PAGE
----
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Activity-based design takes precedence in new office projects

Office Buildings

Activity-based design takes precedence in new office projects

The latest report by Ted Moudis Associates also finds more space being allocated for amenities and wellness.


By John Caulfield, Senior Editor | April 23, 2018

Open floor plans that encourage collaboration are becoming “best practices” for office designers. Image: Ted Moudis Associates

More evidence that companies are embracing open workplace environments comes from Ted Moudis Associates, a New York-based architectural and design firm, whose 2018 Workplace Report finds that offices are being designed to accommodate collaborative “activity-based” projects.

This report, the firm’s third in as many years, encompasses data from 31 projects in the U.S. with 3.1 million sf of rentable space, 2.5 million of usable space, and 15,546 workspaces. While the average usable square footage per seat remained consistent at 165 sf, 54% of the total seats were allocated for “alternative” (i.e., non-assigned), collaborative, or amenity seating.

Nearly one quarter of the employees in projects that Ted Moudis analyzed—especially those working for digital media and technology companies—participate in activity-based working, meaning that they roam the office on a daily basis. Activity-based work environments average 177 sf per seat last year (versus 163 sf/seat in 2016), 1.3 seats per employee, and 131 sf per person (vs. 124 sf the previous year). 

The study states that usable square footage per seat in activity-based working environments rose by 14 points to a total two-year gain of 18 points. “This suggests that we have reached the limits of office density,” the study concludes.

Here’s a breakdown by company type:

“This is a really exciting time to be in workplace,” notes Jamie Feuerborn, Director of Workplace Strategy at Ted Moudis Associates. “Executive leaders are competing [with] other organizations across all industries to recruit the best and brightest talent and have come to realize the value the physical workplace brings. As a result, we have seen a larger investment in workplace strategy and change management services to help create the right balance between their culture, productivity, and employee experience.”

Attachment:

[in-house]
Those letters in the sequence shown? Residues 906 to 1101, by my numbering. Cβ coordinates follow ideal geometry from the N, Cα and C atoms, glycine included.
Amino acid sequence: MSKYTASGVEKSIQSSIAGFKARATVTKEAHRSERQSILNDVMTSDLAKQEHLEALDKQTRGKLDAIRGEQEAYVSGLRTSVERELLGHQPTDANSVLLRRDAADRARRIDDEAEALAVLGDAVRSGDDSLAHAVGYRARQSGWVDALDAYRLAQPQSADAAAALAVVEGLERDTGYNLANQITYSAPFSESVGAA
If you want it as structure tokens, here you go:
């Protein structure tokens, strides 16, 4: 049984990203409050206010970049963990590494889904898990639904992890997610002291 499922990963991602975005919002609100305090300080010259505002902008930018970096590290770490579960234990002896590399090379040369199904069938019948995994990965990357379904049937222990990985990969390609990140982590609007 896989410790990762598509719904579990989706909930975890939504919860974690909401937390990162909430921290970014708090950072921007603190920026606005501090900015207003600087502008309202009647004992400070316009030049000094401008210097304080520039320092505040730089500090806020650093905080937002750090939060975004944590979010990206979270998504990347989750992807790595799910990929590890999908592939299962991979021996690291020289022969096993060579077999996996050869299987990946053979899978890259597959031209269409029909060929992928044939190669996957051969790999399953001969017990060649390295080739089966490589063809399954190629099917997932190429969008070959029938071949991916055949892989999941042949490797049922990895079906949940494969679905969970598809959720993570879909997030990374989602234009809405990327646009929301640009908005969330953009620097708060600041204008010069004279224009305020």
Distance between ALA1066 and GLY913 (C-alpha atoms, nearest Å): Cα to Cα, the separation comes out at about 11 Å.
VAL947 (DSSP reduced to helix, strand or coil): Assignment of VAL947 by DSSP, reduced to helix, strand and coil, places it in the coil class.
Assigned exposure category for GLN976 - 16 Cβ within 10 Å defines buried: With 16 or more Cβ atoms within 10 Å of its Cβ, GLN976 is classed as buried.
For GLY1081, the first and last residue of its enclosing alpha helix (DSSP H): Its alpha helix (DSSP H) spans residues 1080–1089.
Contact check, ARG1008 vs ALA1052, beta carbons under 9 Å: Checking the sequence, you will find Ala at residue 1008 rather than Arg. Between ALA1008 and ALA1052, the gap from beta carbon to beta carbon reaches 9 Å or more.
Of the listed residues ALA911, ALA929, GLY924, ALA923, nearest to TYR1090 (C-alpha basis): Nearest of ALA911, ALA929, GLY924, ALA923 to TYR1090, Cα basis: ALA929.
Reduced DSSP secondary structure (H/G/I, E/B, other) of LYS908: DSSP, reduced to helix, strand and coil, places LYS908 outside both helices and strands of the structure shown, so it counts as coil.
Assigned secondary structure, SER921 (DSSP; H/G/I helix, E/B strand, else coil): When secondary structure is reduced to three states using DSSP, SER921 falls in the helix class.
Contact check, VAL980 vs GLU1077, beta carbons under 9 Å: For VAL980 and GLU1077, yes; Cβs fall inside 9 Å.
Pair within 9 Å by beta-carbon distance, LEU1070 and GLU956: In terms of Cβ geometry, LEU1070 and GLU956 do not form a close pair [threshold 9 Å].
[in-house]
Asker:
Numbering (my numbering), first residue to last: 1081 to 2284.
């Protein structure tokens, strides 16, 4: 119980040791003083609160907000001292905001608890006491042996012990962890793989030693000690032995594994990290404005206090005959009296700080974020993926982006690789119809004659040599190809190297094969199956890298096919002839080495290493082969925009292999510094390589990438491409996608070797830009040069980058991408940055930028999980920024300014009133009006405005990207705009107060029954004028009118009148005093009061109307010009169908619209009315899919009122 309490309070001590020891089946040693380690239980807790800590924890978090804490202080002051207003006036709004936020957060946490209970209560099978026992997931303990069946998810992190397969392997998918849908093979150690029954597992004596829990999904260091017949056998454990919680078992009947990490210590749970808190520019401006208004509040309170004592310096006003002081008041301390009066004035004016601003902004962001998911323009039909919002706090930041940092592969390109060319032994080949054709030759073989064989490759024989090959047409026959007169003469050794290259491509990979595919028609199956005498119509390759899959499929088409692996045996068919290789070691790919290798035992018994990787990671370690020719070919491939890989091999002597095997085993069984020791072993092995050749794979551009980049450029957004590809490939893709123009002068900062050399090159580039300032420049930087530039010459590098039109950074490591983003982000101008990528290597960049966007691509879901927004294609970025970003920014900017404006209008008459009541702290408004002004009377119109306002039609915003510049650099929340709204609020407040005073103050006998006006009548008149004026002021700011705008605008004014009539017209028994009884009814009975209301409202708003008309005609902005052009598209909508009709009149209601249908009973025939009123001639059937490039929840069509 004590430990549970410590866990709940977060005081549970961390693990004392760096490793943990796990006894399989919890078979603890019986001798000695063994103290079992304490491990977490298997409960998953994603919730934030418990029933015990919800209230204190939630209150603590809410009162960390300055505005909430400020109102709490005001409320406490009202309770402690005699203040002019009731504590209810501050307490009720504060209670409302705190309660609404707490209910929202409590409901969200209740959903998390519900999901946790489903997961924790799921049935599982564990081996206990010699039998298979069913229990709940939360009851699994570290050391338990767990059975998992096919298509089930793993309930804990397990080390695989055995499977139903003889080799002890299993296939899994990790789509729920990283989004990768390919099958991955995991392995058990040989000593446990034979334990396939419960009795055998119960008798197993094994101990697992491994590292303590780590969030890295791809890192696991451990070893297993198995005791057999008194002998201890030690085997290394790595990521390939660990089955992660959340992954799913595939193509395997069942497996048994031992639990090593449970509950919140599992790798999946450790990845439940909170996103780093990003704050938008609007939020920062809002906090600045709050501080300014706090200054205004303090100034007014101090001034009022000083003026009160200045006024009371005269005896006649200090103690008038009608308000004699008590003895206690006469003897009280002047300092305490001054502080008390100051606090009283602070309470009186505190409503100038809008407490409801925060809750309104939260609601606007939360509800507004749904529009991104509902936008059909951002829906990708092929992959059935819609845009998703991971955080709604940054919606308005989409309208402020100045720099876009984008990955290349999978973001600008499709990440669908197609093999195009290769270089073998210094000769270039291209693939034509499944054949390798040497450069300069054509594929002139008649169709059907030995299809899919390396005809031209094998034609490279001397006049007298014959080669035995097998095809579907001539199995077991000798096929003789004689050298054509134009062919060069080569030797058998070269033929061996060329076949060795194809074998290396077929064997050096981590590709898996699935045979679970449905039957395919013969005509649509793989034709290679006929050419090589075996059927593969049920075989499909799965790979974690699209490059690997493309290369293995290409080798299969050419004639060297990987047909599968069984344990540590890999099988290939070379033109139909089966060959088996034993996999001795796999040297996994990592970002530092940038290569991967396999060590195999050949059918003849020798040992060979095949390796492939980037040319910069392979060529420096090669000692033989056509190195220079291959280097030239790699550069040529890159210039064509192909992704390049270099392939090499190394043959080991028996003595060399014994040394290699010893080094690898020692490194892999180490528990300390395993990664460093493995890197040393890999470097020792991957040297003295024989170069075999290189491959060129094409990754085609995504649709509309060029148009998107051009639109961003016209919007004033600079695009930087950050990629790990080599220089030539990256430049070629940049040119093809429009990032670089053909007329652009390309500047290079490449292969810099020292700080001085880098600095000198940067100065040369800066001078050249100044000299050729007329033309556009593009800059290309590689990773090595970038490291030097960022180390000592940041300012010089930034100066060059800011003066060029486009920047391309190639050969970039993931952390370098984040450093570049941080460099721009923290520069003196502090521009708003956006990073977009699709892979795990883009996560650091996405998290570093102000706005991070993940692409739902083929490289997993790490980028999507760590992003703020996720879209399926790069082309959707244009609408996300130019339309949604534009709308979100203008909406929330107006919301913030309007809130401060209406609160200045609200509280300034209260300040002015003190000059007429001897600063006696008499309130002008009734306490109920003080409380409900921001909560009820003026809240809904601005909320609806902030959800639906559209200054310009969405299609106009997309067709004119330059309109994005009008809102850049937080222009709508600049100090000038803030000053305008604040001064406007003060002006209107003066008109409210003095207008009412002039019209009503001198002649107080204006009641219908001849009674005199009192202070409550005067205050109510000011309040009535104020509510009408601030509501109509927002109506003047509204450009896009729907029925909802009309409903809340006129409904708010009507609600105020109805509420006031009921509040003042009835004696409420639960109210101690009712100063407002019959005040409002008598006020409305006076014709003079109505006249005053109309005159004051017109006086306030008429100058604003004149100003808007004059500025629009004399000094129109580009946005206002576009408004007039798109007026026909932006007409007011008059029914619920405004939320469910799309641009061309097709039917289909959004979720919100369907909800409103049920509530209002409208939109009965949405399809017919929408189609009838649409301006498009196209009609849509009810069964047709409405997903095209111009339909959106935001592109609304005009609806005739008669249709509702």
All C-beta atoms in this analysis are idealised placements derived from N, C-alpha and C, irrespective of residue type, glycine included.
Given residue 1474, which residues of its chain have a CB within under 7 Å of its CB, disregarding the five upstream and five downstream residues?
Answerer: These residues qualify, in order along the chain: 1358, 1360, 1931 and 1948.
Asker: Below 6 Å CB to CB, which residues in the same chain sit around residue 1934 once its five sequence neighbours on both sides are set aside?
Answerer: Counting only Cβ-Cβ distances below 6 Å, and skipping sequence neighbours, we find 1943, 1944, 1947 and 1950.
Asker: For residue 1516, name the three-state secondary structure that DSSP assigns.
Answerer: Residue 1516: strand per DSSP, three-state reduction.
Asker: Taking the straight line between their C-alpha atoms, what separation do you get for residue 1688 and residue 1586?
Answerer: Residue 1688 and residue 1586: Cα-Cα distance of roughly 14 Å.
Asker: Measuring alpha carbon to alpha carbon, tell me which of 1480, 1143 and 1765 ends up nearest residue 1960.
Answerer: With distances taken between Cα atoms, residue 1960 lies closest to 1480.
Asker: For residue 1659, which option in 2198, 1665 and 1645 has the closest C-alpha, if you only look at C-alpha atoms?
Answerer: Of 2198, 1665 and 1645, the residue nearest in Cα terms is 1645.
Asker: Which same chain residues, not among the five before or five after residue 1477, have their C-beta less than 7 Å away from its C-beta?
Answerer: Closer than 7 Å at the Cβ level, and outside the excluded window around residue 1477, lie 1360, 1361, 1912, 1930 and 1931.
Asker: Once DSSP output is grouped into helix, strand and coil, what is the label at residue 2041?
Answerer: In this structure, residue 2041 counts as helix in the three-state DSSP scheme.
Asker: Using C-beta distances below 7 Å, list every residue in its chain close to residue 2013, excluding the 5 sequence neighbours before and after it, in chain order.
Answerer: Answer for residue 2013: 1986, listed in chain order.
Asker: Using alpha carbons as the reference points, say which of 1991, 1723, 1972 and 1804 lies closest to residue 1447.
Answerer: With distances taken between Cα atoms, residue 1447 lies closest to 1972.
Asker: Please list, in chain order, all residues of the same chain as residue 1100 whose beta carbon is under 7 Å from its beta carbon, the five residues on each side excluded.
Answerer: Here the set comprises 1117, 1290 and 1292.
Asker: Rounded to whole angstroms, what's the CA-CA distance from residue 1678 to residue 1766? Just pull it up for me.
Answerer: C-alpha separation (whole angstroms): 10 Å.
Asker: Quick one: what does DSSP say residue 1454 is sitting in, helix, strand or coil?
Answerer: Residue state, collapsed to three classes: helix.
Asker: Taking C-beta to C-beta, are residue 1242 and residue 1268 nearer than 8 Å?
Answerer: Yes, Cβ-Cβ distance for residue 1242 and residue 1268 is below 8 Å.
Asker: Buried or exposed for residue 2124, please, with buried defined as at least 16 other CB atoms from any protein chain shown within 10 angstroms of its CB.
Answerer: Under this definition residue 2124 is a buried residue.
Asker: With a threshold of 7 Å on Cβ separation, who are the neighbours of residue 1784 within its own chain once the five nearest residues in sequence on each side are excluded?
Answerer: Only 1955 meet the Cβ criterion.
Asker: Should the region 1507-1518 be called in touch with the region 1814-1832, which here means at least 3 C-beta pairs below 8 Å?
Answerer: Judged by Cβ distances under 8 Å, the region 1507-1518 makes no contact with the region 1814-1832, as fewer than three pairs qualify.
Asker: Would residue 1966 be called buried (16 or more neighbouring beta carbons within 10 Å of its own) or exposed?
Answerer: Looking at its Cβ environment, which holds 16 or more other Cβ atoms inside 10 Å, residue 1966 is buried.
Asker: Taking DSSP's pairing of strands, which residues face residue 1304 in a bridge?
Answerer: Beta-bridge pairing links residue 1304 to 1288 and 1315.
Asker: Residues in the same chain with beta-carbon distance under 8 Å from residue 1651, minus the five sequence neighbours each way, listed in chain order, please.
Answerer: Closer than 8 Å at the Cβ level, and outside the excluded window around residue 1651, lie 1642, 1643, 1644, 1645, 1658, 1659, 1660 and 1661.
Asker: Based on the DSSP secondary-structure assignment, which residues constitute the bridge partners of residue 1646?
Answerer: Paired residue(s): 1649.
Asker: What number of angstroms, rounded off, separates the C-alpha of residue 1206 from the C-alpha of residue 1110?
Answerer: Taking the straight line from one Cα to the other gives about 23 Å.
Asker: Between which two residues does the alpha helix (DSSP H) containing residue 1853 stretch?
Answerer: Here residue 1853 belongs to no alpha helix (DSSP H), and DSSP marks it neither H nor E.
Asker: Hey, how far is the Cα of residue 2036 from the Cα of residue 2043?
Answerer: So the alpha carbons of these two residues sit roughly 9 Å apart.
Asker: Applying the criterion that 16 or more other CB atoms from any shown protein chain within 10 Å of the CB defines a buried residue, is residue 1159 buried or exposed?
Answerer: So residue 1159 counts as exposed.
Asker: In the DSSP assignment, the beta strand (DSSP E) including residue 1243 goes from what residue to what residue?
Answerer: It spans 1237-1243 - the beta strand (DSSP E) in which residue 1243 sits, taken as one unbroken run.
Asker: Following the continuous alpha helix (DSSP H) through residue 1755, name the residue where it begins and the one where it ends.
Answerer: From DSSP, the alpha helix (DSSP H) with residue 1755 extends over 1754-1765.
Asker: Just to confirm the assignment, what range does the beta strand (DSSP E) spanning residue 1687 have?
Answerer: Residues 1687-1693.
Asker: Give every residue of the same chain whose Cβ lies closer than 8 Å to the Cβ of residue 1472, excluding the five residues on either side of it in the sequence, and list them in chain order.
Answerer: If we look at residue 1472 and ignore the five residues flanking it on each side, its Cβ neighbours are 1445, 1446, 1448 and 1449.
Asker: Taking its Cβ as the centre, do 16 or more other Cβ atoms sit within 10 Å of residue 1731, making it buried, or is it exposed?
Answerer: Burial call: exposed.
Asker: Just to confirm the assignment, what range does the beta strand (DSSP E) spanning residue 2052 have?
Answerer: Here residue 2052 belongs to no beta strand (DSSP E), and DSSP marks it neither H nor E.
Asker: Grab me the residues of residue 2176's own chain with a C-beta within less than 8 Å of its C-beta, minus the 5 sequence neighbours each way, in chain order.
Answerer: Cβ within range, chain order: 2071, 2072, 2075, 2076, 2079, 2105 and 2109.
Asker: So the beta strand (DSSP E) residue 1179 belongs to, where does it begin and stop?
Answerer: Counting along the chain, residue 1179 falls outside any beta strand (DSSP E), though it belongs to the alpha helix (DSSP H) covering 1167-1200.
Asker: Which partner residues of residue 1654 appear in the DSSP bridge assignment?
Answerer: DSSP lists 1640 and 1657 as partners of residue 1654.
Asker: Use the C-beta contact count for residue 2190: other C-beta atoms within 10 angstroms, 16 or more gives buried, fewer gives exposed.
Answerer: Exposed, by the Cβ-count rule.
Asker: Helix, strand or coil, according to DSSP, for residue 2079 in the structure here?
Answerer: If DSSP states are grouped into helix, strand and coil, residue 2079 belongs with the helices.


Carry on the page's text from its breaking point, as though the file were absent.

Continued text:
See Also: A cost guide to office fit-outs provides comparisons for 59 markets

 

Progressive workplace concepts “have increasingly become best practices and virtually all organizations are implementing some, if not all, of them,” the study stated. The number of clients that are adopting benching increased by 7% over 2017, to where 75% of open workspaces are desking/benching.

Of the 54% of workspace seats that are alternative, 71% are being used within meeting spaces (the vast majority of which within an open floor design), 23% for amenity seats (such as cafés), and 6% are “focus” seats that are in enclosed areas free from auditory and visual distractions.

Enclosed spaces in offices are typically reserved for meetings and privacy. Image: Ted Moudis Associates

 

The study finds a strong inclination toward consolidating café space to include meeting areas. (Amenities are now viewed as “destinations,” the report stated) More often than not, offices are also being designed to support mental and physical opportunities for employees. Wellness space now includes prayer rooms, nap rooms, game rooms, and fitness centers.

The projects analyzed average one wellness space per 173 employees in 2017, vs. one per 198 employees the previous year. And as companies become more paperless, there’s less space allocated for equipment like copier machines, which average one for every 83 employees, vs. one for every 73 in 2016.

In the future Ted Moudis Associates will track its predictions that there will be an increase in semi-enclosed and small focus rooms, fewer executives suites, an increase activity-based seating, and an increase in amenity and wellness spaces.

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